Ralf wohlleben in the nsu trial: the good nazi from jena

Their client is innocent, claim the defense lawyers of the convinced Nazi. Their plea is cynical and hard to take.

Ralf Wohlleben is a convinced Nazi – but doesn’t want to be considered a bad person because of that… Photo: dpa

For Olaf Klemke, it is clear that the court had already reached its verdict a long time ago, that his client will not receive justice and will be sentenced. The lawyer for NSU supporter Ralf Wohlleben addressed the bench again at the end of his plea on Thursday. "He will have to live with it," he says. "However, so will you. I hope you can …" That’s probably how the sentence would normally have ended. But Klemke adds one more word: "… not."

The nasty words are the final drumbeat in a plea that, although monotonously delivered, is rich in verbal outbursts. One of the highlights: Klemke compares Chief Public Prosecutor Jochen Weingarten to Hermann Goring. "Weingarten – loosely based on Hermann Goring: ‘I decide who is a Jew’ – claims to determine who is a Nazi." And he also determines how a Nazi should think. For him, "every Nazi is an inhuman being" who wants to kill foreigners all day long and indulges this desire extensively. And since Wohlleben was a Nazi and had "not betrayed" his convictions, he was also to be held jointly responsible for the deeds of NSU murderers Uwe Mundlos and Uwe Bohnhardt in the view of the prosecution and the court.

Wohlleben, now 43, is accused of having organized a pistol for the NSU – the Ceska 83 used to commit nine of the NSU murders. The federal prosecution has demanded twelve years in prison for him. Wohlleben does not deny having ordered the purchase of the weapon – but claims that it was not the murder weapon.

The same line of argumentation as Klemke was followed by his colleague Wolfram Nahrath in his plea, describing how Wohlleben had been turned by the prosecution into the "mastermind and supporter" of the NSU trio, into a "substitute Uwe", a "killer surrogate". The court is under a universal pressure of expectation, which it cannot withstand, and acts "passport-like, quasi at the push of a button of the Federal Prosecutor General". Nahrath also peppered his speech with deliberate, even announced provocations. His words would "drive one or two people out of the room," he says and sarcastically recommends: "Those affected and suffering are advised to rather visit their next do-gooder or their local political commissioner because of the risks and side effects of this final lecture.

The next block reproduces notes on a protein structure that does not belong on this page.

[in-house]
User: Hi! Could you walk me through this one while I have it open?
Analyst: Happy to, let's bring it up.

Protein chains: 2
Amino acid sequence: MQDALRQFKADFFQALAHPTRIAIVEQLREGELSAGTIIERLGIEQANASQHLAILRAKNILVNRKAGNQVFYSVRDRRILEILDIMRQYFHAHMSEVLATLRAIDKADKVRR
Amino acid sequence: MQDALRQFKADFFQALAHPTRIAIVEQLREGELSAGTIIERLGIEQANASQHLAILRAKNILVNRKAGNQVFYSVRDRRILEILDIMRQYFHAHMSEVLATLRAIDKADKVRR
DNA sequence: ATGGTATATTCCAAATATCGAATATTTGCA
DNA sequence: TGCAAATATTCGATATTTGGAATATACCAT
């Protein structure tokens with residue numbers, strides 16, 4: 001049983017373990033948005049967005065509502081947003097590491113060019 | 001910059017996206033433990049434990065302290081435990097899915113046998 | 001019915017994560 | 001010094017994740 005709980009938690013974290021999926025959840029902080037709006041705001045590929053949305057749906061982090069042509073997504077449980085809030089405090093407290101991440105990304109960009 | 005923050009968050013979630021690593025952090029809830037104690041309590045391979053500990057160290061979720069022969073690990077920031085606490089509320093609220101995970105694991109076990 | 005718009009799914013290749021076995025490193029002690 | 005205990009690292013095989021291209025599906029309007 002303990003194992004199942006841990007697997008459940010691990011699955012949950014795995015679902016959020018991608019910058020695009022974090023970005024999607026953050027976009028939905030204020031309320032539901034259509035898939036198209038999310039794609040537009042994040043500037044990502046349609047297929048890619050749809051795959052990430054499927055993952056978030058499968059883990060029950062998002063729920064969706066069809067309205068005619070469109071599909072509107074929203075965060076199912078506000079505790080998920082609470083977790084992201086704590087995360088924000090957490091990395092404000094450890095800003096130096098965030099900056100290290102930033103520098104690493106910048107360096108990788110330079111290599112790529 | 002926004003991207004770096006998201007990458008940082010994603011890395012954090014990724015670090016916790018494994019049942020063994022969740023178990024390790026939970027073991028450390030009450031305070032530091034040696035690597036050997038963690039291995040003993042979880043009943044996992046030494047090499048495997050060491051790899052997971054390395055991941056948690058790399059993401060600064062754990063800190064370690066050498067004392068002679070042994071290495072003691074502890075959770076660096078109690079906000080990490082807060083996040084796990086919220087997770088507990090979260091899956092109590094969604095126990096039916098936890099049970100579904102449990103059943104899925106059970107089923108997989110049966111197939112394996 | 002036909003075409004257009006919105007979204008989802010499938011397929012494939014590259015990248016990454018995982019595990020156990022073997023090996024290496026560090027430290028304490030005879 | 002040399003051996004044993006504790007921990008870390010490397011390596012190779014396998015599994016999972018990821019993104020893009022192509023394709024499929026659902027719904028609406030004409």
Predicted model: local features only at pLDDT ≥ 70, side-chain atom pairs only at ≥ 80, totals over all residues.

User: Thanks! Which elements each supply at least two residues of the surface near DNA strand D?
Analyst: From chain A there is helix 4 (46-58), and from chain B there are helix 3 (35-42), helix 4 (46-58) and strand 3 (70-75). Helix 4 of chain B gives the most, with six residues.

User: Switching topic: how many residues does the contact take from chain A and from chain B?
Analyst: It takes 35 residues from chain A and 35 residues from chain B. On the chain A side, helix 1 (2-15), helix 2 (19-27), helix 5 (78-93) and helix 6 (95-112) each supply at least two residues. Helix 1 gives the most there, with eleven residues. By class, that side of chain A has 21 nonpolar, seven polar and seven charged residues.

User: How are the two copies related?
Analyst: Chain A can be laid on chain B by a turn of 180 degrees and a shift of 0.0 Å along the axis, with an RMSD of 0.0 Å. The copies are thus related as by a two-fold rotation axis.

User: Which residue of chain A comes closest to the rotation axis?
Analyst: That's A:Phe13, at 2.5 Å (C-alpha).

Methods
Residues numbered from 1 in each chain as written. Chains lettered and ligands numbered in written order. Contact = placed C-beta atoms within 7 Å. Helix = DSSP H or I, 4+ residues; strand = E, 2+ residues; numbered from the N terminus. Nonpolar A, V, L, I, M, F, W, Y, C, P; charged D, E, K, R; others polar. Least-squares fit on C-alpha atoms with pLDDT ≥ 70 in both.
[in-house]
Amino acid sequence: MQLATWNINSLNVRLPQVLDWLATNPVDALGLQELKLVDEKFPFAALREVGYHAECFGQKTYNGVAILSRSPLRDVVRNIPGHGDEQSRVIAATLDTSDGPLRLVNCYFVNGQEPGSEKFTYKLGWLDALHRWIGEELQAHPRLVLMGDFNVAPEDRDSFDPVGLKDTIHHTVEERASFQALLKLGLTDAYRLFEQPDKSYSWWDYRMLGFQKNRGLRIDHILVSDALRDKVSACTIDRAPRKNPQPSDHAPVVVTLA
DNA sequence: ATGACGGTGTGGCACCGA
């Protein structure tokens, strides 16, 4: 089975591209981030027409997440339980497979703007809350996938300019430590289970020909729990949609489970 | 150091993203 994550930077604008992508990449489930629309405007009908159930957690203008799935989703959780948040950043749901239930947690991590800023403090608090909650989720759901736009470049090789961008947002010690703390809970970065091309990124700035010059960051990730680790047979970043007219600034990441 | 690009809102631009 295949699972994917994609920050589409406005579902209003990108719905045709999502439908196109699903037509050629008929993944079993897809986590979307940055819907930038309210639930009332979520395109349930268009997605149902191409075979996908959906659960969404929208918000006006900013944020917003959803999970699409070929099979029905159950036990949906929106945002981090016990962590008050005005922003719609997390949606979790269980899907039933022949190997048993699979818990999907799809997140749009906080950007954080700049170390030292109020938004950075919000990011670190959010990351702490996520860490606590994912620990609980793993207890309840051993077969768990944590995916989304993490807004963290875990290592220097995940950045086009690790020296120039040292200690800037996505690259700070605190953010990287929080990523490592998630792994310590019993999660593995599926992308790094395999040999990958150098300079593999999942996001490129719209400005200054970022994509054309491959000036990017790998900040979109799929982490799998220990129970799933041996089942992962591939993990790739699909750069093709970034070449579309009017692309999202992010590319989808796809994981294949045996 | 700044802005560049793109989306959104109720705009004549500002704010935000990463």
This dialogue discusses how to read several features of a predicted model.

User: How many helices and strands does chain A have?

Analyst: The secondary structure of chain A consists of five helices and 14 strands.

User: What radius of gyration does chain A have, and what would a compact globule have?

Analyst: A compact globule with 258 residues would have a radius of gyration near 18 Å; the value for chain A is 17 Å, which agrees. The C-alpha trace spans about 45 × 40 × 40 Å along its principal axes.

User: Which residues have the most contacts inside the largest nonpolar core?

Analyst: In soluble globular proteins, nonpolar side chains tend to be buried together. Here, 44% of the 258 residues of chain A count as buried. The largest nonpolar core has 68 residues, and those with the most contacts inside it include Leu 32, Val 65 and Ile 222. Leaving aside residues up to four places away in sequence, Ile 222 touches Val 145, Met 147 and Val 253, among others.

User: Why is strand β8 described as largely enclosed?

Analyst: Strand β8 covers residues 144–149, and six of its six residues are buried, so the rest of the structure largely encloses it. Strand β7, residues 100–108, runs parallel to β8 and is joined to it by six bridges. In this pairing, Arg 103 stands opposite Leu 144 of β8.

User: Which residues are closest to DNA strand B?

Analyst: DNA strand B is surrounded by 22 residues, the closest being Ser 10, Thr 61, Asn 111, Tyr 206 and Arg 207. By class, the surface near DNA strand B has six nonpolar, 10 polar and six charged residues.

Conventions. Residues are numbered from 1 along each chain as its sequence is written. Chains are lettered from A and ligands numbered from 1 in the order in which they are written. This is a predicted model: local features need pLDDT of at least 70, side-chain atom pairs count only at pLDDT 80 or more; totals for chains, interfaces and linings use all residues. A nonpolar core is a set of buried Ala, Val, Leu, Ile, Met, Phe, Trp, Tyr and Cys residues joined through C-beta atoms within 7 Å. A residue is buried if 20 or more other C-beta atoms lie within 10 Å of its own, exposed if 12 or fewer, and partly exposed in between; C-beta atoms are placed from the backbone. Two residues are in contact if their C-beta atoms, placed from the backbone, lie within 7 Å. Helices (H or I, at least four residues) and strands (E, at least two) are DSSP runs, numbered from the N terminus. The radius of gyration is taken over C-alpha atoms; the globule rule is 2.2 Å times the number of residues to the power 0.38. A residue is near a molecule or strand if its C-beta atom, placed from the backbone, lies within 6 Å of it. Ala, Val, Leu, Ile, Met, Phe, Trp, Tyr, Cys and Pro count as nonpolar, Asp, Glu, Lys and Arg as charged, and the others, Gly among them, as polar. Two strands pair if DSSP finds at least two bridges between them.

Wohlleben allows himself to be defended by lawyers from the "scene".

Afterwards, he begins a "foray through historical facts", drawing the conclusion that "genocide crimes" are "not a singular privilege of the Germans". The thrust of the statement is clear, what it is supposed to have to do with Wohlleben’s presumed guilt, less so. One must know this: Wohlleben is not only the only one of the accused who continues to be revered in right-wing extremist circles. He is also the only one to be defended by lawyers from the "scene". Nahrath, for example, used to lead a youth league of the neo-Nazis.

Like the third of Wohlleben’s defenders, Nicole Schneiders, in her lecture on Tuesday, Klemke and Nahrath portray Wohlleben as a victim: "Anyone who is a National Socialist is a potential murderer. Especially if he is indigenous German."

Defense attorney Klemke compares senior prosecutor Jochen Weingarten to Hermann Goring

Nahrath then goes on to lecture about race, "a purely biological concept," people and language – and reads out a never-ending series of quotations about National Socialism, supposedly without comment, partly glorifying, partly belittling, from Winston Churchill to Joachim Fest, from Hitler to Goebbels. "Hitler is a wonderful man," former British Prime Minister Lloyd George, for example, had said. Allegedly a "strong indication" that the NSU trio had not dealt with historical National Socialism at all. Skillfully, Nahrath always pushes the envelope, but without provoking the court to call him to order.

Mundlos and Bohnhardt had not killed for ideological reasons, Klemke also finds, but had been "psychopathic serial killers". Wohlleben could therefore not have expected their crimes. The lawyers demand acquittal for their client.

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